In response to a statement today by the Department of Defense reiterating that the United States would continue to develop and use landmines, Adotei Akwei, the advocacy director at Amnesty International USA said:
“It is hard to imagine a policy more outdated and destructive than United States policy on antipersonnel landmines. The decision to continue the development and deployment of landmines is deadly and dangerous. The Biden administration must immediately reverse this decision and it should join the 1997 Mine Ban Treaty.
“Landmines are inherently indiscriminate weapons that maim and kill long after conflicts end. They should not have a place in the arsenal of any country. This landmine policy starkly sets the U.S. apart from its allies. It is in direct opposition with President Biden’s aspirations to be a global human rights leader – for the United States to truly be a leader, it must change its land mines policy as soon as possible.”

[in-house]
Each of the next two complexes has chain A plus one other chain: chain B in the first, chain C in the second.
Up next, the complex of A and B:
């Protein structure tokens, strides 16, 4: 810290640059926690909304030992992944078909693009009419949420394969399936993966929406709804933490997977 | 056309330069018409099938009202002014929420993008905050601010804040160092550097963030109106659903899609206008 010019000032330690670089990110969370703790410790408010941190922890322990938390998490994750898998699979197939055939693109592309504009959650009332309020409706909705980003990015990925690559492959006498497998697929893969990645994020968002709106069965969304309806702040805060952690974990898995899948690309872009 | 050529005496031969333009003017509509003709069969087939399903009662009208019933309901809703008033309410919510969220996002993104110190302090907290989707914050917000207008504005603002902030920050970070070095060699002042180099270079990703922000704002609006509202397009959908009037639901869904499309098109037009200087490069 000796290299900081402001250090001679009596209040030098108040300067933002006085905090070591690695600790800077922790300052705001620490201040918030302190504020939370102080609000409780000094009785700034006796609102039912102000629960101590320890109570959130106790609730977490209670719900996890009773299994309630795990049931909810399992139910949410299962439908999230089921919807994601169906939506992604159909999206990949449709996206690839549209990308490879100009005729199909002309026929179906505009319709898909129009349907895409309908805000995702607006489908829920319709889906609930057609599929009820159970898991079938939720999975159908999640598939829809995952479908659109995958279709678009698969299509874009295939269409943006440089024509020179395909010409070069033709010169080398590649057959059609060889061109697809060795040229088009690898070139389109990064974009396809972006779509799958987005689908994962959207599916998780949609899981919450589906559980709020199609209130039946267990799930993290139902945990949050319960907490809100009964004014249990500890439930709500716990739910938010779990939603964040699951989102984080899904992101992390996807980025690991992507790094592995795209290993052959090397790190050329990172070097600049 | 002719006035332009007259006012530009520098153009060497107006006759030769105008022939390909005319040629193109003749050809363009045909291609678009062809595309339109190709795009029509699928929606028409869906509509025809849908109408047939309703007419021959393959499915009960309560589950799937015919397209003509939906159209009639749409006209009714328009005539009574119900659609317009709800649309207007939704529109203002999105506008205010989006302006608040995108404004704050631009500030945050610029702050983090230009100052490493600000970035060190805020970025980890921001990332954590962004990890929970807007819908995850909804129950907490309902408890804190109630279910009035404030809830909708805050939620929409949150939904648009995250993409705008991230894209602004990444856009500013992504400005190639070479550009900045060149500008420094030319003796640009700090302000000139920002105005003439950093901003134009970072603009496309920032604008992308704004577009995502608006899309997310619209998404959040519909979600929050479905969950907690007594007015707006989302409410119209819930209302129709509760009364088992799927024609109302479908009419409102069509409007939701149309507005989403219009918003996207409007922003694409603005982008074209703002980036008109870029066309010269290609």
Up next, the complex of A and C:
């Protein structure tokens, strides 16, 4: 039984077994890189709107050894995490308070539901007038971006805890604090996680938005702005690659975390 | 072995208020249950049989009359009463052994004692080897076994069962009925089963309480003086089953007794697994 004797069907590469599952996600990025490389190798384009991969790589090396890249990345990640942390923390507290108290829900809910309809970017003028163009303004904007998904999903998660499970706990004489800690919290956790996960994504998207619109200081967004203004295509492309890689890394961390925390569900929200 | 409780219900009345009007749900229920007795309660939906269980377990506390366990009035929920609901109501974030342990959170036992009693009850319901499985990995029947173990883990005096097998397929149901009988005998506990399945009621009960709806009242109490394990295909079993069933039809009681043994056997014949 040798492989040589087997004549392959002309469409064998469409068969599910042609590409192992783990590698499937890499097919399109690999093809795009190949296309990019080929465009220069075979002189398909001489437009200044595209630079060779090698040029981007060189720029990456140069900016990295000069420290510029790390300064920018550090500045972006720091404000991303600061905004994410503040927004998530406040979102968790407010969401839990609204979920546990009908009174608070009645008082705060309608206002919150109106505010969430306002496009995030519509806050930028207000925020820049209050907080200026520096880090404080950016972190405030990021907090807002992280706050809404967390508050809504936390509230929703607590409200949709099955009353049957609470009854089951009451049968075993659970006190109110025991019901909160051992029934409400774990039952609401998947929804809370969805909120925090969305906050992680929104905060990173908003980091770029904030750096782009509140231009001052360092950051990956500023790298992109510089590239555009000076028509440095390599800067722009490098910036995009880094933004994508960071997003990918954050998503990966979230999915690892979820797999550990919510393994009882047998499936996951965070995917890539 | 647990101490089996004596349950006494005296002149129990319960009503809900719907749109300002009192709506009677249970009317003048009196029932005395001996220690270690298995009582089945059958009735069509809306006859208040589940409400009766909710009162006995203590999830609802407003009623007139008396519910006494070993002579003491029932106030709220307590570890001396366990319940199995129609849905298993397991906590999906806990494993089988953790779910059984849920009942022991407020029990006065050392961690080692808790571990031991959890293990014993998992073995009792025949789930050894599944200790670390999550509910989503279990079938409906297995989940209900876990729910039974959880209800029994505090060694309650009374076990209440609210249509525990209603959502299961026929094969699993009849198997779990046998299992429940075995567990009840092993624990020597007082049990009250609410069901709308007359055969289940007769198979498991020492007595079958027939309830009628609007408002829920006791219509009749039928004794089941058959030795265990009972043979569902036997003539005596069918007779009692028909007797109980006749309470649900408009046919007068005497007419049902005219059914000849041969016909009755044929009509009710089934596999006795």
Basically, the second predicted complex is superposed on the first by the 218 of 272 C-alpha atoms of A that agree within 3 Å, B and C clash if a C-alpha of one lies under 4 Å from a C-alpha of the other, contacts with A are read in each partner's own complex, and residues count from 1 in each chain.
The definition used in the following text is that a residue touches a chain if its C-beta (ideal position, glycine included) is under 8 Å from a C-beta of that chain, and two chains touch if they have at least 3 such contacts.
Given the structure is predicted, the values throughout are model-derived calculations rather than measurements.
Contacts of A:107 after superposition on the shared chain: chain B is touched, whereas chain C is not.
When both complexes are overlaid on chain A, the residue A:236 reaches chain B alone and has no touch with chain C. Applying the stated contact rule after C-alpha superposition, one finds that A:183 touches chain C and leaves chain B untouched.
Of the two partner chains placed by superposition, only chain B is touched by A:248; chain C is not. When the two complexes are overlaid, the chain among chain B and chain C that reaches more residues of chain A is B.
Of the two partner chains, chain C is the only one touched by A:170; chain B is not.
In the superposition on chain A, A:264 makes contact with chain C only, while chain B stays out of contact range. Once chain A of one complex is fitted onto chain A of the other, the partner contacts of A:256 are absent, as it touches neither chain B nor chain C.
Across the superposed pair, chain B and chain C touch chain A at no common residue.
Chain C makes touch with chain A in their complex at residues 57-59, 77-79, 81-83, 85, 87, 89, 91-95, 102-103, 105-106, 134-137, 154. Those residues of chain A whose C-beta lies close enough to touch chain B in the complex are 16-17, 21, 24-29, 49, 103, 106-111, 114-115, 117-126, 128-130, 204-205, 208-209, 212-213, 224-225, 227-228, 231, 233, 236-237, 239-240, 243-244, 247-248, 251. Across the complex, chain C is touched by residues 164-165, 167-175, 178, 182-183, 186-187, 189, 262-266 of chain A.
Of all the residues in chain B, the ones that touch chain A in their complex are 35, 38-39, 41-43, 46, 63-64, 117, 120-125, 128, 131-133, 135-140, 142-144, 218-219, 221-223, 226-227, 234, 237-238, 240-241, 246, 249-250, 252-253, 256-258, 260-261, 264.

The global community came together to reject this weapons ban through the 1997 Mine Ban treaty to which 164 countries are state parties, including every other member of NATO. While still not a signatory, the U.S. has functionally adhered to several provisions of the Mine Ban Treaty – except those that would prohibit the U.S. from ordering the use of landmines on the Korean peninsula. The United States has not used antipersonnel landmines since 1991, excluding the use of a single munition in 2002; it has not exported them since 1992 and has not produced them since 1997.
Media contact: Mariya Parodi, [email protected]